Now there is a spate of wonderful picture books about characters that create in different ways from books like Andrew Drew and Drew to the Days the Crayons Quit.  Spirit of the times!

Anyway Tiz and Ott's Big Draw is now out with Tate publishing in UK bookshops and museum shops.  And it will land on US bookshelves thanks to distribution by Abrams in November 2015.

SO - if by happy chance you are in London on June 4 please join me to raise a glass to cheer Tiz and Ott off into to the world at my launch at Tales on Moon Lane.   You will find the details (plus!) in this drawn-to-music one minute video.  Big thanks to Ella Finch for this video and her perfect timing of my scribbles to music!


Saturday, 4 April 2015

China part 2 Tiz & Ott Beijing! The Bookworm Festival, and more surprises and delights

In my previous post I showed photos of about my first two days of of kids workshops and talks in Beijing at the generous invitation of the China Bookworm Literary Festival.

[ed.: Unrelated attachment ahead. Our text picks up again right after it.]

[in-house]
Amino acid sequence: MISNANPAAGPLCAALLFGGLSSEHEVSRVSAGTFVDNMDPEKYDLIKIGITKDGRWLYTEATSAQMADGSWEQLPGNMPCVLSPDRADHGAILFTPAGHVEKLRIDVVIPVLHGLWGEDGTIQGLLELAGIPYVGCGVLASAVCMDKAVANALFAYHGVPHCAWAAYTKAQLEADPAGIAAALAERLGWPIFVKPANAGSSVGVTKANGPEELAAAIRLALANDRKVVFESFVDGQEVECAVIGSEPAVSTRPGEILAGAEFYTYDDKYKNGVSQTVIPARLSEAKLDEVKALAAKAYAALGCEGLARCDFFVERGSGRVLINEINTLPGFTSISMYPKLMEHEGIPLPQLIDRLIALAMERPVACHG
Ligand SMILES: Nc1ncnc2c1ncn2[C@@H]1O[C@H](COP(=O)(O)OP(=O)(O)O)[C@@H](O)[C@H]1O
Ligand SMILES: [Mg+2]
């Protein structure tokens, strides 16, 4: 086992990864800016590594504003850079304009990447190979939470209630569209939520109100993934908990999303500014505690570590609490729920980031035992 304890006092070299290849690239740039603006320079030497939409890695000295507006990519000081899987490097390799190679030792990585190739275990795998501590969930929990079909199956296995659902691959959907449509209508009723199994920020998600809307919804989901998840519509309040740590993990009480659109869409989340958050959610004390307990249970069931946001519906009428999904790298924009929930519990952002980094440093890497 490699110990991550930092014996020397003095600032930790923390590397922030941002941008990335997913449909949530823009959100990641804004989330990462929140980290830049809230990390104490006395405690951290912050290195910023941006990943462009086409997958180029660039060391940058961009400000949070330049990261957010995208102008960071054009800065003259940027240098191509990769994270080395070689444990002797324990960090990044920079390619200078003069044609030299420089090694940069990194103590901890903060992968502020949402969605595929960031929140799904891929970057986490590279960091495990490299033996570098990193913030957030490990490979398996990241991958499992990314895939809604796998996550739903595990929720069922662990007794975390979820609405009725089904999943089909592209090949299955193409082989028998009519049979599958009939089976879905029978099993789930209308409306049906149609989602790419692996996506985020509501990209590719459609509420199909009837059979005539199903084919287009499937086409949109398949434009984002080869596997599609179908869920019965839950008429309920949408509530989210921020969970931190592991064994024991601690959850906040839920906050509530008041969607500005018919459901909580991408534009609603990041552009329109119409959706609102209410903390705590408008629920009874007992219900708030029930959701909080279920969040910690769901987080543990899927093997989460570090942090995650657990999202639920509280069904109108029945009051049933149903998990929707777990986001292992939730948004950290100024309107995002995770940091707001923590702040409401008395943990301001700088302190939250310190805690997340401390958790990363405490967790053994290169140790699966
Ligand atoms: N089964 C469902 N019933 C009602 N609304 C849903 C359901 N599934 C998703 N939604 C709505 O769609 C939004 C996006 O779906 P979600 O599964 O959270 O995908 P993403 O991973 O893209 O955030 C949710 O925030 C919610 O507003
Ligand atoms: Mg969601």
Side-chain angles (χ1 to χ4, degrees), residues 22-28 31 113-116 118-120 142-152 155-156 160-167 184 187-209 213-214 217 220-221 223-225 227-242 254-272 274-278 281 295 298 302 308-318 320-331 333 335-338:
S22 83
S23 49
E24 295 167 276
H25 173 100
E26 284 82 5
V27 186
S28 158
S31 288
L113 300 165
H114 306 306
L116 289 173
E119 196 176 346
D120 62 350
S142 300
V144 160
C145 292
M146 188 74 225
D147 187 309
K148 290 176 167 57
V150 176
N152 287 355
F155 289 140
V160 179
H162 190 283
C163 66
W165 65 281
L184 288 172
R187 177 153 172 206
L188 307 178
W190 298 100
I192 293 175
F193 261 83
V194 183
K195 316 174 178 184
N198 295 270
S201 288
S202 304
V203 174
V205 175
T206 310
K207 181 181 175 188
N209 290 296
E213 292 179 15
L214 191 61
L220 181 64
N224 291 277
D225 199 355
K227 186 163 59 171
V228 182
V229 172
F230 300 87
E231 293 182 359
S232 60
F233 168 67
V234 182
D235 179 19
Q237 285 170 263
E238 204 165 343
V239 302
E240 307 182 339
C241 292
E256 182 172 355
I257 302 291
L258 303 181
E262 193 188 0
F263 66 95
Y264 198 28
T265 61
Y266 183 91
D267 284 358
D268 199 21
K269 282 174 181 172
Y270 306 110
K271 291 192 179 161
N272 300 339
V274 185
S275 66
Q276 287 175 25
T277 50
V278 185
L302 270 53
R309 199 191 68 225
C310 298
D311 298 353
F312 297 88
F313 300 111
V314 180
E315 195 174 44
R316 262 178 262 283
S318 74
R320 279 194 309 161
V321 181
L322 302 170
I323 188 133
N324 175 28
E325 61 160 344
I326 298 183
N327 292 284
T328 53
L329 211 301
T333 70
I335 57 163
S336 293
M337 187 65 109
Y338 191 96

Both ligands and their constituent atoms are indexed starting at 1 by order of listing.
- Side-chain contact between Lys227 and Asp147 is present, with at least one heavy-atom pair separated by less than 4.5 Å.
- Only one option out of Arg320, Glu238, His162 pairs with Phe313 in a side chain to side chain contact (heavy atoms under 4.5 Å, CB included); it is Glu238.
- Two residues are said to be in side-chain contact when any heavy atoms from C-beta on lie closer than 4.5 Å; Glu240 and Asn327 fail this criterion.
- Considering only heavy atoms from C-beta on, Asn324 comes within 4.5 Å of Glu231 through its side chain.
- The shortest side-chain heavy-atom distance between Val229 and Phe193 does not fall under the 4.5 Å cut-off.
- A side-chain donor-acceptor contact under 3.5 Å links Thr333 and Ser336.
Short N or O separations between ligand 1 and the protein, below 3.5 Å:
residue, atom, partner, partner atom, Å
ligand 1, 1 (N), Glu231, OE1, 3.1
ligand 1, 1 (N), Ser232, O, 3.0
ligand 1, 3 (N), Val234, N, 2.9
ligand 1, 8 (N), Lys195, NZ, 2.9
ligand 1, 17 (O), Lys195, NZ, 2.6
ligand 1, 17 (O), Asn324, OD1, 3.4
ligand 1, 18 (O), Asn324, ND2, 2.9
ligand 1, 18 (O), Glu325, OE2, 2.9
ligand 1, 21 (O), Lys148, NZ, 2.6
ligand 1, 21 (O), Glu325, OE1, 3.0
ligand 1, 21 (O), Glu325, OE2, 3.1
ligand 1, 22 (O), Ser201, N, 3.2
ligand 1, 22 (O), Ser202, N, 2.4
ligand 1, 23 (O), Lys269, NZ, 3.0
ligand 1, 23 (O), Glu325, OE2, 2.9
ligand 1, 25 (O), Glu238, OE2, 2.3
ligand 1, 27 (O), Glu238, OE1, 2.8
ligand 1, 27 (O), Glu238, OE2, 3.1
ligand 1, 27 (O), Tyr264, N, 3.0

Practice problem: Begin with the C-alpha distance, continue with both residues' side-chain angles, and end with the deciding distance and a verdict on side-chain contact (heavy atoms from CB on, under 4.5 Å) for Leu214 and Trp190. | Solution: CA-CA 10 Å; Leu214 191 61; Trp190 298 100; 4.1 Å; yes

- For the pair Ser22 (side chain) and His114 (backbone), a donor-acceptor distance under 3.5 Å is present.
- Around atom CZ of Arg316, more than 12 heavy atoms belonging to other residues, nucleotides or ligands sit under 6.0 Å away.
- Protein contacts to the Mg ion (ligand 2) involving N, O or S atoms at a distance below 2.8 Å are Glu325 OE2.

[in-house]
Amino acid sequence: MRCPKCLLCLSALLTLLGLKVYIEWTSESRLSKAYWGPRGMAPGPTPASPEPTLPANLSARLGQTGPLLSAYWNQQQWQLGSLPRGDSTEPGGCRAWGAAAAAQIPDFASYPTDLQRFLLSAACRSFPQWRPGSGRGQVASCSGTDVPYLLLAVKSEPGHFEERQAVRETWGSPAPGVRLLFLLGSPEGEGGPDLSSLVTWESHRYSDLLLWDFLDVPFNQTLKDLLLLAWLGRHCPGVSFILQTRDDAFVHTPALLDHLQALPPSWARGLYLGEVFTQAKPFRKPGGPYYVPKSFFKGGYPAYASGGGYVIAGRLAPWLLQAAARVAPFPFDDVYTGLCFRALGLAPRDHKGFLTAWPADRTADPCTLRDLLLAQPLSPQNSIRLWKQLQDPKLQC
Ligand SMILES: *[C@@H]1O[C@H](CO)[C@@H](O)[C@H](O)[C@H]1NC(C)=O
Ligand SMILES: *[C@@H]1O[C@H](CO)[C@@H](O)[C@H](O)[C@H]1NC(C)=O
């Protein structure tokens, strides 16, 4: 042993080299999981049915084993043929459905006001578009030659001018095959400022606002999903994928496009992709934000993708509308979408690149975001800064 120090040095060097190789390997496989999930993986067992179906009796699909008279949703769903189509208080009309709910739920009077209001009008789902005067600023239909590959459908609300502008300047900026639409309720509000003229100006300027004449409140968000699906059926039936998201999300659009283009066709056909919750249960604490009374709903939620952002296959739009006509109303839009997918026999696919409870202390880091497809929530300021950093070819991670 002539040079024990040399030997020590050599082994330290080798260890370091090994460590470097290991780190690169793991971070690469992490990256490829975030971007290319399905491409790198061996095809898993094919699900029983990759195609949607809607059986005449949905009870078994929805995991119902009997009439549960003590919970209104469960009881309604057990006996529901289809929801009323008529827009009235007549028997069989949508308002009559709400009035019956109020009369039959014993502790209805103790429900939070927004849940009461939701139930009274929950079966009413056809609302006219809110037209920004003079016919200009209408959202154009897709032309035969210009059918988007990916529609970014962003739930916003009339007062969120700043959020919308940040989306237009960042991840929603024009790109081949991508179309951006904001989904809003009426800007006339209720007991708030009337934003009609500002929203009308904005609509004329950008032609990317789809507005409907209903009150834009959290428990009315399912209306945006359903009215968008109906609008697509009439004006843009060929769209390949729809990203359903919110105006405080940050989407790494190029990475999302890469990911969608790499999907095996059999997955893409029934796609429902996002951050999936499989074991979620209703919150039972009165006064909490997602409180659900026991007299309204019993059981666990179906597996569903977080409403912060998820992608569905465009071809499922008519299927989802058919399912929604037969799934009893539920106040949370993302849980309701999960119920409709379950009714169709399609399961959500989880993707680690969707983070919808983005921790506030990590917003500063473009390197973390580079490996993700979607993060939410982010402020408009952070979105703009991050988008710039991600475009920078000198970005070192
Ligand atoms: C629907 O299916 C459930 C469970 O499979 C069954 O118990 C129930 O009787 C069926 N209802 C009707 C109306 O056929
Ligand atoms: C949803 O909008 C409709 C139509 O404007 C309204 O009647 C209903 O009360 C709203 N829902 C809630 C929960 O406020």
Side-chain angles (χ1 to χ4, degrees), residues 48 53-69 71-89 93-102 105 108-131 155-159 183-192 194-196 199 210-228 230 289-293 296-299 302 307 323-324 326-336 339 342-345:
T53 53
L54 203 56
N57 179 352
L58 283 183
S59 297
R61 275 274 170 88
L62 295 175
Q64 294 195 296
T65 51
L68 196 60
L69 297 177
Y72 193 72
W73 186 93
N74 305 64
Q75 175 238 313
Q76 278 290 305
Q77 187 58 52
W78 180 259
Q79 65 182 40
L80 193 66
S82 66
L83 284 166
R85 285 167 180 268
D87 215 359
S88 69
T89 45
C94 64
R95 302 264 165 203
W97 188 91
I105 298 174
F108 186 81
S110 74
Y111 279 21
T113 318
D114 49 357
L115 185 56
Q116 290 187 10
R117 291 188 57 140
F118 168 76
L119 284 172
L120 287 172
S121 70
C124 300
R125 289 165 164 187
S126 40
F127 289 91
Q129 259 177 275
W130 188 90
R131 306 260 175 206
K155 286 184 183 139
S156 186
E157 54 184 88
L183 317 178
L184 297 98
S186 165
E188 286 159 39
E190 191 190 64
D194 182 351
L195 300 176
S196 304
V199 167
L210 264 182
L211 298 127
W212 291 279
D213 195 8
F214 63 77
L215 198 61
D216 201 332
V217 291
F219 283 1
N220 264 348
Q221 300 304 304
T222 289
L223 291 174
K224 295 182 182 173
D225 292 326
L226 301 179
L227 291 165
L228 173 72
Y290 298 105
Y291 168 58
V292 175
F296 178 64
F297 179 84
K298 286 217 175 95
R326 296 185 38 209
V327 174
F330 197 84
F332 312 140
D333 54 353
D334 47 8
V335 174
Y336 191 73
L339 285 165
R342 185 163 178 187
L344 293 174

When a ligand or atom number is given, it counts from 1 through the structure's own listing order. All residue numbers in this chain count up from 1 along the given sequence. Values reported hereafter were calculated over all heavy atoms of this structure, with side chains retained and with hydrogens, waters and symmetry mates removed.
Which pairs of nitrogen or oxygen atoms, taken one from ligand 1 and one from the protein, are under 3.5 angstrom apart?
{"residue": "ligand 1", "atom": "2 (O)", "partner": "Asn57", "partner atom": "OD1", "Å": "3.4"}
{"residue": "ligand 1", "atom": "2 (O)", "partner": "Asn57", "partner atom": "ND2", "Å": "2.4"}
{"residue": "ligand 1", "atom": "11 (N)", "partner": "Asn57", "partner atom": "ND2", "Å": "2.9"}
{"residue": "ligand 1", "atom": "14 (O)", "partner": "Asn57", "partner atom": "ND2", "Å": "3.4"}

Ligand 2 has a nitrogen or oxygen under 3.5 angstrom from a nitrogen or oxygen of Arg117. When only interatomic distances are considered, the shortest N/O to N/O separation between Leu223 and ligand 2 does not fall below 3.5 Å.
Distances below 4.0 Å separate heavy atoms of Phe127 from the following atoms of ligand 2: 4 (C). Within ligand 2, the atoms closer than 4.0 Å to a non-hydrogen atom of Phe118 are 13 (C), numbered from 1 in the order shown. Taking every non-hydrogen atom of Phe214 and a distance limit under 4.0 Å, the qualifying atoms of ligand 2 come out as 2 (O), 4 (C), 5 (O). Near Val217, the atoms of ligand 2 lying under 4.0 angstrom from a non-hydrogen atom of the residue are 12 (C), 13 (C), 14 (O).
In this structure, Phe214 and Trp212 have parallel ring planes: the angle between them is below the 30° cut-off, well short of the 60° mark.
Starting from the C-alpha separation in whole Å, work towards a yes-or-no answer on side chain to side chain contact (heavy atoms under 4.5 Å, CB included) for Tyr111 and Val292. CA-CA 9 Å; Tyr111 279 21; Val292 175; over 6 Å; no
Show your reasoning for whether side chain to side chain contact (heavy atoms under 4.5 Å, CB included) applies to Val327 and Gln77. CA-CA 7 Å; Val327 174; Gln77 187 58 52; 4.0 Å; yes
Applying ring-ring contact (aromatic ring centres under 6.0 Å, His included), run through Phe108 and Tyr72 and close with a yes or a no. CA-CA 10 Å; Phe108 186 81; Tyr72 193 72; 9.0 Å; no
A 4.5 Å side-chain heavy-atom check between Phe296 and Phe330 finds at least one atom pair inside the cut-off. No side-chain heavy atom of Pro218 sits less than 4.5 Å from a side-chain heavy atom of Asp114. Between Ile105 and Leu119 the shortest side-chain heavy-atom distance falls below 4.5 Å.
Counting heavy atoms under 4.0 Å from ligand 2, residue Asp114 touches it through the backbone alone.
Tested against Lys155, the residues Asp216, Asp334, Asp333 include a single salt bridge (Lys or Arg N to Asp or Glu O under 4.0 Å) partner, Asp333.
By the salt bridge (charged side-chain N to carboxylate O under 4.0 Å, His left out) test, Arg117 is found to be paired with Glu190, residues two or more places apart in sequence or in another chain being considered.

More words this time - about timing and serendipity and the Festival and more photos of Beijing to end with -  and hey, I had time to do one sketch!

After my Beijing Bookworm kid's workshop I go back to my beautiful zen hotel room at the Beijing  Opposite House (a room I'd like to take home!) 

Wow! In my room are two advance copies of my new book. Juliette my designer at the Tate Publishing in London has organized a speedy delivery across China from the printers in Shanghai..

 I check the gatefold.  
The ladder works beautifully!  Tiz Ott's Big Draw is real at last - 
and ready to hit the shelves in May 2015 
Here I am in China - the  other end of the world from where I drew and endlessly grew those two little characters, gathering doubts then finally the courage to show it to the Tate. 
Now the long wait for publication is almost over.  
I have to hurry to my planned meeting with Niu Shuo, the picture book publisher whom I met in our panel talk the first evening.   She travels two hours across Beijing to show me her lovely books and catalogue. Now I can show her my latest too!

 Niu Shuo, general manage of the Mengxi Jindian
holding my book.  And I am holding the first book she shows me. Surprise! 
It is the Chinese co-edition of a book illustrated by none other than Layn Marlow
my dear friend who is a mainstay of our picture book critique group in London!

Here is the cover of the Mengxi Jindian Culture Communication Co. publisher's catalogue.